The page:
Frangipane

7 January 2004 at 17:59 Leave a comment

Now that is a great word. Let me repeat it: frangipane.

Yesterday was Epiphany, and it’s usual for French people to serve a cake, called a “galette du roi” or “King’s Cake” that has a small porcelain piece in it. Whoever gets the piece of cake with the figurine in it is “crowned” and become king/queen for the evening, wearing a paper crown and leading the festivities for the rest of the evening.

We’ve done it every year we’ve been here, though we always forget ahead of time that it’s coming. As happened yesterday, we usually go to the store and see stacks and stacks of cakes and realize it’s upon us again.

This year we were introduced to frangipane. It is the filling of a traditional cake served at Epiphany in France. Actually, each region has its own traditional cake, the one in the South being quite bready and usually with dried fruit in it. That is what I’d alway had before, but now we’re in Paris, so we went with the local tradition: a mille feuille dough (a flaky pastry) filled with frangipane, which is an almond paste/honey concoction that is, how do I describe it? Ambrosia of the gods. Rich and sweet, but not overwhelming. Very nice. They do lots of other kinds of cakes as well, chocolate or apple, for example, all with the ‘toy’ in them, but at this point I’ll take any excuse to have more frangipane!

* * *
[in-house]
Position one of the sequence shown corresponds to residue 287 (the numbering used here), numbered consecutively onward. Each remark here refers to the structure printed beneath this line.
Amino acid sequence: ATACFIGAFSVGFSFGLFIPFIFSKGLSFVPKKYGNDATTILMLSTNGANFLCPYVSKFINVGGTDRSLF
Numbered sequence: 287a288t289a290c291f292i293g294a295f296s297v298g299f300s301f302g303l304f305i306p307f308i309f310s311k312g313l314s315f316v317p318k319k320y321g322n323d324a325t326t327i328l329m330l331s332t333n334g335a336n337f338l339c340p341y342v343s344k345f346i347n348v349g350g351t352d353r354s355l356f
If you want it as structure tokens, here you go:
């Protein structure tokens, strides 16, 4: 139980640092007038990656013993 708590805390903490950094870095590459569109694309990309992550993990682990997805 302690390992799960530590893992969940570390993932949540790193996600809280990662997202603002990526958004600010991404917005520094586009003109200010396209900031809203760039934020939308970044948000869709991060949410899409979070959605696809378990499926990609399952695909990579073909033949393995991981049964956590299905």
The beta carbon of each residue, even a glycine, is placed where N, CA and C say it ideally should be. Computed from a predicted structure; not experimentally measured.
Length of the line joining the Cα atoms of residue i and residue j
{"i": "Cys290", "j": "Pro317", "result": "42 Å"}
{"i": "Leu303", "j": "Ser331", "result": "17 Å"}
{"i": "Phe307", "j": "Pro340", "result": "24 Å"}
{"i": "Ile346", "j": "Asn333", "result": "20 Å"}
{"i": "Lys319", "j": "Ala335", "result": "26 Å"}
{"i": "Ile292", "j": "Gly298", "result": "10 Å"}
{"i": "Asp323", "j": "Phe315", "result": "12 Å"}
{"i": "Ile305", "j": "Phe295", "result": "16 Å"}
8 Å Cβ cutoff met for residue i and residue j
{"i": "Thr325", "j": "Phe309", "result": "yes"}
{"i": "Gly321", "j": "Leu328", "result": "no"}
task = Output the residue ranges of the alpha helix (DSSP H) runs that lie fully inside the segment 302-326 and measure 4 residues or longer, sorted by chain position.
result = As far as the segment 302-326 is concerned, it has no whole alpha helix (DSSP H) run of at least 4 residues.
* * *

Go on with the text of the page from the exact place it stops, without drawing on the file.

Or just to say it!

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Entry filed under: eating, Paris.

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What I’ve been reading:

  • James Boswell, The Life of Samuel Johnson, L.L.D. (London, 14 King William Street, Strand: William P. Nimmo, 1876). 4 years ago
  • Marsilio Ficino, Letters of Marsilio Ficino, v. 3, trans. Language Dept. School of Economic Science, London (New York: Gingko Press, 1985). 4 years ago
  • Italo Calvino, Six Memos for the Next Millennium (Cambridge, MA: Harvard University Press, 1988). 4 years ago
  • Stephanie Kallos, Broken for You (New York: Grove Press, 2004). 5 years ago
  • Marsilio Ficino, Letters of Marsilio Ficino, v. 2, trans. Language Dept. School of Economic Science, London (New York: Gingko Press, 1985) 5 years ago

T. Anderson Painter

I am a misanthrope. No one ever believes me, but this seems to prove my point.

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